The EC which on Sunday (when the discussions began) had underscored the importance it attached to this issue, and in fact leaving little doubt that it would dig its heel in, had orally presented two alternatives. On Monday it put these down on paper and circulated texts. According to this, under option one proposed by the EC:

“We agree to negotiations, to be directed to clarifying existing WTO rules on matters examined under the Committee on Trade and Environment’s terms of reference.

Clarification will be sought in full conformity with the basic concepts and principles of existing WTO agreements and incorporating the results of dispute settlement. The outcome shall not create scope for protectionist abuse.

[The EC under this option has indicated it was willing to agree to additional guarantees against protectionist abuse, if others could identify helpful ideas]

In the initial phase Members will indicate the issues they believe require clarification, and in the light of discussions, will within X months, submit initial contributions.

We agree at the Fifth Ministerial to consider giving further specific guidance to this work.”

A second, and lengthier option, in effect spelt out some of the ‘elements’ to be included in the issues that members are to indicate in the initial phase. The EC second option read:

We agree to negotiations to be conducted by the CTE meeting in Special Session.

Negotiations are to be directed to clarifying existing WTO rules.

The aim is to increase predictability in the multilateral trading system and to ensure compatibility between WTO and public policy or market responses to environmental concerns.

In an initial phase, Members will indicate issues they believe require clarification, and in the light of discussions, will, within X months, submit initial contributions where, necessary.

Clarification will be sought in full conformity with the basic concepts and principles of existing WTO agreements and incorporating the results of dispute settlement.

The outcome shall not create scope for protectionist abuse.

Elements for examination shall include: - clarification, in pursuance of the WTO’s objective of sustainable development, those situations in which the outcome of negotiations mandated in this work programme would benefit trade, the environment and development, with a view to concrete steps such as improved market access for environmentally helpful goods and services... - clarification of the non-protectionist and science-based application of risk assessment and management provisions, including possible codification of relevant results of WTO dispute settlement concerning the SPS agreement and similar clarification of the TBT agreement; - clarification of ways to implement the TRIPS agreement in a manner mutually supportive of the CBD; - clarification of the treatment of the export of domestically prohibited goods, in the light of WTO rules and evolving international practice; - clarification of the relationship between existing WTO agreements and multilateral environment agreements (MEAs), while ensuring that trade measures taken pursuant to an MEA are not applied in a way which constitutes a means of arbitrary or unjustifiable discrimination between members or a disguised restriction on international trade; - clarification, as appropriate, of the relationship between existing WTO agreements and labelling, while improving consultation of third parties, both in the operation of labelling schemes and in the development of specific labelling criteria or requirements.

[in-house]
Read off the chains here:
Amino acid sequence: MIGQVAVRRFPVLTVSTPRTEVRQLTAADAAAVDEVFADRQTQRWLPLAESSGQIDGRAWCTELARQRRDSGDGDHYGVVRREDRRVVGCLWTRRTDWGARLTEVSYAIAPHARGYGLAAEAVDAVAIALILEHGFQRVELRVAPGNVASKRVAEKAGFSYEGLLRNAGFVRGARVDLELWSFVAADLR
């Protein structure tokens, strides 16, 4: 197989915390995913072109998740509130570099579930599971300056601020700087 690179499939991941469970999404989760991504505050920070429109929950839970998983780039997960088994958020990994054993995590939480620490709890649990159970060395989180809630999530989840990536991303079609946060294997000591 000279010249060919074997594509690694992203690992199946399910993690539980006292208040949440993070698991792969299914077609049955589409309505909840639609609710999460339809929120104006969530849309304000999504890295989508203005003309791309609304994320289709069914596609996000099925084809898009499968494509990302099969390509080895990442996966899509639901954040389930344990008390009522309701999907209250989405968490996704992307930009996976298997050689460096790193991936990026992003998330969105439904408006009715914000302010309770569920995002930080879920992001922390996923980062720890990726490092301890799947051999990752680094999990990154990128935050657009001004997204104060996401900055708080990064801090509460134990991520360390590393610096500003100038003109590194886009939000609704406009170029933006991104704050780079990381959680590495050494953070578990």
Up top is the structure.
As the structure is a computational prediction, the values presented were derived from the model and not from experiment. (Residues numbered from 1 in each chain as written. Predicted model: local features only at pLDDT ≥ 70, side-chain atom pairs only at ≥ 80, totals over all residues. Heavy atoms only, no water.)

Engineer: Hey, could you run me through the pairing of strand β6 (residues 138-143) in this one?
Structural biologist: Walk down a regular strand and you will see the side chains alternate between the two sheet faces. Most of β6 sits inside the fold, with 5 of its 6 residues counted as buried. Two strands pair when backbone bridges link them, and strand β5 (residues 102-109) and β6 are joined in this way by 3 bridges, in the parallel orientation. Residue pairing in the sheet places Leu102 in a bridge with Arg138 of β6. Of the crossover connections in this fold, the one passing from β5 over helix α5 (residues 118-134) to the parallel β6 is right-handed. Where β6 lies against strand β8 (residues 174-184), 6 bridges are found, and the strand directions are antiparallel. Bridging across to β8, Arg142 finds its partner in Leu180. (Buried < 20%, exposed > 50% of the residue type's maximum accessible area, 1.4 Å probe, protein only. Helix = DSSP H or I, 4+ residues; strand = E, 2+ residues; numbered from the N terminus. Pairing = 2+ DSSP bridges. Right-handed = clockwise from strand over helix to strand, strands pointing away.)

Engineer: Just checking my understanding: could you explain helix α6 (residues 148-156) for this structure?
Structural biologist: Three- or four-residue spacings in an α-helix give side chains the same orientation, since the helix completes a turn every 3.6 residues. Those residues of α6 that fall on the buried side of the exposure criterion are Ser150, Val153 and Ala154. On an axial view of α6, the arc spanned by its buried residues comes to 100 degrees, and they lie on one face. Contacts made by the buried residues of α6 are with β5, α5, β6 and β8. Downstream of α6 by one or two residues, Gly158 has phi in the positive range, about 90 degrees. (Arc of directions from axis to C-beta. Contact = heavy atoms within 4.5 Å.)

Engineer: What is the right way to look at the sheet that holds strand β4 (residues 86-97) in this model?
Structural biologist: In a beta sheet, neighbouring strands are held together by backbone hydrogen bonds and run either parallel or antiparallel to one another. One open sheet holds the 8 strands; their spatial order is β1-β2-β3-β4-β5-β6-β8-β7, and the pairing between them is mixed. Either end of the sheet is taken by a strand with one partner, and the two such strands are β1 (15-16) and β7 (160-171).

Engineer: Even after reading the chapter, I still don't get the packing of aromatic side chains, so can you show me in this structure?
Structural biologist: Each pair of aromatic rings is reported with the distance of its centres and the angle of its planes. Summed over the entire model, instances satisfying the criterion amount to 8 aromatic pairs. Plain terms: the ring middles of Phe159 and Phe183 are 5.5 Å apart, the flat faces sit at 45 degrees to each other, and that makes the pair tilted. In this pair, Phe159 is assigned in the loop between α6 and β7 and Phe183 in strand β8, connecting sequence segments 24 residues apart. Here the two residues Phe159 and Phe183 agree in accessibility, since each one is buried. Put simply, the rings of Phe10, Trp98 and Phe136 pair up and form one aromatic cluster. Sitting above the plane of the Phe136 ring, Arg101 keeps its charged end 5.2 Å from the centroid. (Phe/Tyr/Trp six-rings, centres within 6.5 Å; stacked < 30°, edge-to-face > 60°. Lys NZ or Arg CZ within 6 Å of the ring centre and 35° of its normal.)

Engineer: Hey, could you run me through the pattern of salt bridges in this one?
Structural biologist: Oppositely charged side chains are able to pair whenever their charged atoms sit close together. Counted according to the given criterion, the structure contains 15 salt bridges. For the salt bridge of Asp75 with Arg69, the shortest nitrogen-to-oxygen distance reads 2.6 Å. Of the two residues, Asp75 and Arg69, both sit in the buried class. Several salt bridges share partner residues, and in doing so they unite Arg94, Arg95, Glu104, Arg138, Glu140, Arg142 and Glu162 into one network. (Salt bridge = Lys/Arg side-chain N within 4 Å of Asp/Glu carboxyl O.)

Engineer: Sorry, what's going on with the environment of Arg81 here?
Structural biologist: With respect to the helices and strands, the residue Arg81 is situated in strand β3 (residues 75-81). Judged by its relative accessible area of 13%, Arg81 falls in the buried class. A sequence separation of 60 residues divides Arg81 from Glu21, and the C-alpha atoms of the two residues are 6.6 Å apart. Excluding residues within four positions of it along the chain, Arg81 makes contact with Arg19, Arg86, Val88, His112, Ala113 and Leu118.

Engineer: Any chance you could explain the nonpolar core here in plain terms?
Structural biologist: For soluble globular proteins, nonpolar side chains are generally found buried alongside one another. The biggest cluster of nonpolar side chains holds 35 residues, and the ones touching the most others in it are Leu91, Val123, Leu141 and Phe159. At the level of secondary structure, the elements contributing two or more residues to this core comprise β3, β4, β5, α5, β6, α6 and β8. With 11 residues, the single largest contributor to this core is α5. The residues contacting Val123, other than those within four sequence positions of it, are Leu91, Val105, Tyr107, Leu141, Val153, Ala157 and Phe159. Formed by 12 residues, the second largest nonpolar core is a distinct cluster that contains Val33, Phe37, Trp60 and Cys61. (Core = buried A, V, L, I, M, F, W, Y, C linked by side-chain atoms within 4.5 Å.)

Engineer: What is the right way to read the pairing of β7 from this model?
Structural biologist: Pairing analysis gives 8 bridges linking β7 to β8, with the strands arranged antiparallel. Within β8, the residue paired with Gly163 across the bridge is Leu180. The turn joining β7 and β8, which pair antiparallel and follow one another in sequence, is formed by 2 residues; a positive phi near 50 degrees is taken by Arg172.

In some initial remarks, the US felt that the chairman’s text provided a sound basis for talks, but regretted the absence of any reference in it to subsidies in fisheries. The US did not also any need to draw up rules in a general way.  Where there were problems in particular cases, clarification could be sought, it argued.

India in opposing any new rules clarifications, and in a reference to the Swiss view that for Switzerland (and many countries) issues of environment and environment protection were very dear to their hearts, said that developing countries were no less concerned about environment protection than the developed countries. However, the existing WTO provisions were more than adequate for countries to take measures. – SUNS4984

The above article first appeared in the South-North Development Monitor (SUNS) of which Chakravarthi Raghavan is the Chief Editor.